Cinema in quarantine: Prêt-à-Porter

Paulo Monteiro (Reviews Journal)
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By AIRTON PASCHOA*

Film Commentary on Robert Altman's High Fashion

"In the world really inverted, truth is a moment of what is false” (Guy Debord).

The film about Parisian high fashion belongs to the best Altman,[1] the one that we learn to recognize and admire, with its varied and intersecting stories, capable of tracing a whole suggestive social panel, like Short Cuts (Life Scenes), from 1993, and its social universe of the middle classes, and from The Wedding (Wedding), from 1978, and its universe of the wealthy classes, — compositions performed, by the way, with rare balance, without giving in to the easy appeals of the extremes, without overgeneralizing, and falling into crude sociologism, nor individualizing too much, diving in that banal existentialism, which makes most of the so-called serious cinema of our days so unhappy.

We repeat, this Altman of ours, a sort of American Fellini, does not slip into these extremes, who, when he hits the baton, achieves it in great style, making individuals and social groups luminously parade on the canvases, without owing anything to one another, men having much of their groupings but not being reduced to them, and the sociological abstraction of classes enlivened and enriched by human matter, composed of those particles so recognizable in their precarious singularity.

Ready-to-Wear, from 1994, is one of those films. Like other Altmanian frescoes (sorry for sacrilege), laughter dominates in this painting, even if yellow or forced at times, but, unlike them, it is not exactly a comedy or satire. Or rather, it's comedy, it's satire, but it tends to be — a farce, and this generic distinction, rather than a classificatory taste, will allow us to understand in due time the most complex movement of the allegory that mobilizes the film. Let's not anticipate.

Various farcical elements punctuate here and there, such as dog poop, let's say, the amusing film, and if you avoid watering your neighbors with urine, as medieval farces used to do, or if you avoid the famous cane blows, which even today disappoint audiences from eight to eighty, there is no lack of other rude traits to invade the scene.

Thus, the stops, modernized on the catwalks; identity changes; eschatology (Paris sucks); the comedy of manners; the satire of contemporary professional types, such as the Stylist, the TV Reporter, the Police Inspector, the Fashion Photographer, if we do not want to see in the latter even the satire of moral characters, the Pedantic, or even national ones, the Irishman; not to mention the malice, the profanity, the puns, the use of cunning and different tricks by the characters, all traits that create that unmistakable climate of “confusion”, of “mixture”, conducive to the appearance of surprises, unforeseen events, quid pro quos. , finally, and which already set the tone, for example, of a 1969 film, with a symptomatic title — MASH.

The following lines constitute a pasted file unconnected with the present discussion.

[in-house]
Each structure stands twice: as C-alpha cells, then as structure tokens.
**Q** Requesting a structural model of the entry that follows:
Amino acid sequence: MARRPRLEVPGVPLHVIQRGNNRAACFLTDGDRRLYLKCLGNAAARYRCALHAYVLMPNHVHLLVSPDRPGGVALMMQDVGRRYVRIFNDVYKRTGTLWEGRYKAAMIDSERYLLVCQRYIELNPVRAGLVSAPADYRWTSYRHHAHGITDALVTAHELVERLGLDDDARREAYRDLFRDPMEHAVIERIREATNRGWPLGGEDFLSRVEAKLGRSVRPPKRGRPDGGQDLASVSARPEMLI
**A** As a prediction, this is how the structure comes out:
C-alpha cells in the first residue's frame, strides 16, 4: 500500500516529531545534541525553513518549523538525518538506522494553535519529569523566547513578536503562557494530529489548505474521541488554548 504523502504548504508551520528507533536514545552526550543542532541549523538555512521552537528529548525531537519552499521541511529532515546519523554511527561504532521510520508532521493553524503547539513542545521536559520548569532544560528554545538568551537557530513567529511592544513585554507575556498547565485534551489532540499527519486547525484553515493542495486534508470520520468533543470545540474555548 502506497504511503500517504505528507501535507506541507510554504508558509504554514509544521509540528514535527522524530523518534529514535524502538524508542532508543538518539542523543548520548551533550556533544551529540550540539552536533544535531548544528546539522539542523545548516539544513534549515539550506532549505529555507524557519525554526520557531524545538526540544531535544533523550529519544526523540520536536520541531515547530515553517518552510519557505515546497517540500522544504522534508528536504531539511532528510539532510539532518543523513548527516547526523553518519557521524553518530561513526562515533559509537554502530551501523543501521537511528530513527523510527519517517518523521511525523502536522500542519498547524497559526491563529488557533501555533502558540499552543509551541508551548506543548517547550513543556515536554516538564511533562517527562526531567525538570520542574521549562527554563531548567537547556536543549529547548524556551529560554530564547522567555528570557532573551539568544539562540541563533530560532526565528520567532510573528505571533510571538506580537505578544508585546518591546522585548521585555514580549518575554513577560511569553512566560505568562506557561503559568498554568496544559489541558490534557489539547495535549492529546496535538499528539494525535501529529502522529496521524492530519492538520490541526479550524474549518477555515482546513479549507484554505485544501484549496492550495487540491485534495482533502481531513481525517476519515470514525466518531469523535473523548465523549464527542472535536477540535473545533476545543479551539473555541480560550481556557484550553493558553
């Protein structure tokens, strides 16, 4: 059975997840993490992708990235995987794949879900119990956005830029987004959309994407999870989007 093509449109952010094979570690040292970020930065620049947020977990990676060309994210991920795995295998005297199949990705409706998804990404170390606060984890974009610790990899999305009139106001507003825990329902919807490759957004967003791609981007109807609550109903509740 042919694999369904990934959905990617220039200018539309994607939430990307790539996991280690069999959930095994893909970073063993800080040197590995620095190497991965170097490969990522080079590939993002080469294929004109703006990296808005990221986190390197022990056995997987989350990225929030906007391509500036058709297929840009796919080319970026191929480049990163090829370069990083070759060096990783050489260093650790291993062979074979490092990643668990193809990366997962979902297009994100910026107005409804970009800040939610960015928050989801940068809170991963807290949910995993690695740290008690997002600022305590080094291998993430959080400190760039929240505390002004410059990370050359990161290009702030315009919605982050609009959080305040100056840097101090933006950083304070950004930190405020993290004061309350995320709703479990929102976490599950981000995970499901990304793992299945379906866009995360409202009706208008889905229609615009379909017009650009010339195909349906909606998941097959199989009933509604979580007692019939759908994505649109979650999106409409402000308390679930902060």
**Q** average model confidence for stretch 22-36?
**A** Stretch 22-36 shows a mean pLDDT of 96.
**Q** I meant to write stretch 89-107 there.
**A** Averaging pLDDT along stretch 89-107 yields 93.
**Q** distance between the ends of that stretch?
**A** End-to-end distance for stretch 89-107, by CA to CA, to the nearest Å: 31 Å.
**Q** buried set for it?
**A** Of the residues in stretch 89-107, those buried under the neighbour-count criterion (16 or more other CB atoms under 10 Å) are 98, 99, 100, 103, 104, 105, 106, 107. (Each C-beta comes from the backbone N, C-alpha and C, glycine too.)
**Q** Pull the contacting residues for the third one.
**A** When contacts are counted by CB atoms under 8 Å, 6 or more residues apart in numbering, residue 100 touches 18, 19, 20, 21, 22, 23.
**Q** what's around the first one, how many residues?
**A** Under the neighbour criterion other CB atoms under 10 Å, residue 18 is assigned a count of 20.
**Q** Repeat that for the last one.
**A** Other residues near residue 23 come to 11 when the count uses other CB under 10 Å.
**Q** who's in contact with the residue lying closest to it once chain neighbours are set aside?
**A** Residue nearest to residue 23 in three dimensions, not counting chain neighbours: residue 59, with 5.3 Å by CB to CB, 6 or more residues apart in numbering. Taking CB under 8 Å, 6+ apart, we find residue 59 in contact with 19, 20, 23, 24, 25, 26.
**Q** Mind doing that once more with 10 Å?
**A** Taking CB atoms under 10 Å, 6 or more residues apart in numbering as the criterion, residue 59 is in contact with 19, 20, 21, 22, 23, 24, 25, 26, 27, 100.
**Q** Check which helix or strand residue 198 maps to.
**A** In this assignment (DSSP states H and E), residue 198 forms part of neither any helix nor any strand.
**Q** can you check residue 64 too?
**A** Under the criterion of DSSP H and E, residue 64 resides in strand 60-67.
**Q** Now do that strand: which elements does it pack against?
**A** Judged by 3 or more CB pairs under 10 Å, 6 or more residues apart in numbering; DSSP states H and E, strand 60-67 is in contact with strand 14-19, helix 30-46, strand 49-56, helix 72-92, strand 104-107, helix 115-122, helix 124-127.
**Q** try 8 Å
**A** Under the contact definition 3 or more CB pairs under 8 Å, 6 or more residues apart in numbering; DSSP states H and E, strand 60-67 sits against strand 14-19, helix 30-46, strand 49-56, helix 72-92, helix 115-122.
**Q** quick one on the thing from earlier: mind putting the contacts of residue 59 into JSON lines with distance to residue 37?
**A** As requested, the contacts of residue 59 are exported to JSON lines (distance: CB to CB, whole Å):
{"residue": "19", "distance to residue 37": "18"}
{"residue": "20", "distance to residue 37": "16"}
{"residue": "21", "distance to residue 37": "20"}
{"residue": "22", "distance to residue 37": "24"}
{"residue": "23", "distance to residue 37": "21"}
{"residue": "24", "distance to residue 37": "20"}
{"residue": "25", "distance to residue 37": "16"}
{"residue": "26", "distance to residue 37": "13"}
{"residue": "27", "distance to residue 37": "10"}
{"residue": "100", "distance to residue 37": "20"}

It is not by chance that they echo this modern vaudeville military about the Korean War certain cruder scenes of the Ready-to-Wear, such as the choking death of the fashion world's powerful boss, on the eve of the launch of the collections, or the coroner, next to the body and bathed in blood, talking and having a leisurely snack, with the same haughtiness and indifference of the equally bloodthirsty sunset -sun in the foreground.

As if these indications were not enough, a typical feature of farce constitutes the organizing principle of the work — the general disguise. And, with greater or lesser unfolding, sometimes literally, sometimes figuratively, we will see that it shapes the decisive aspects of the film.

The farce is in the opening credits, written in Russian, including the name of the American director; the farce is in the characters, — in the mistress disguised as a “widow” of the powerful Olivier de La Fontaine, who receives the condolences of all her friends, instead of the rightful widow; in the obscure fashion director of a Chicago store, whose wife spends the film, we later learn, buying him women's clothing for a cross-dressing event; in the Italian husband, who returns from Russia to see his wife, then married to Olivier, but, accused of the murder, lives in drag, that is, in the clothes of one and the other, the sports journalist, the conservative “transvestite” and, finally, the Irish photographer; in the Texan boot manufacturer, which buys the brand from Simone Lo, as he had already secretly bought the pass from the “90s photographer”, apparently redneck and vulgar, as befits a Texas boatman, but a hell of a rogue, a man of the small jokes and big business (pharmacy, livestock, cotton, etc., as his guide declines in the new and prosperous investment); in “Paristroika”, the three fashion editors, identical enemies, who, in order to maintain their “identity”, who knows? require changing absolutely equal rooms, twinned; in the two model, non-model sisters, who are so similar that they even share the husband of one of them, the son of Simone Lo, and so on.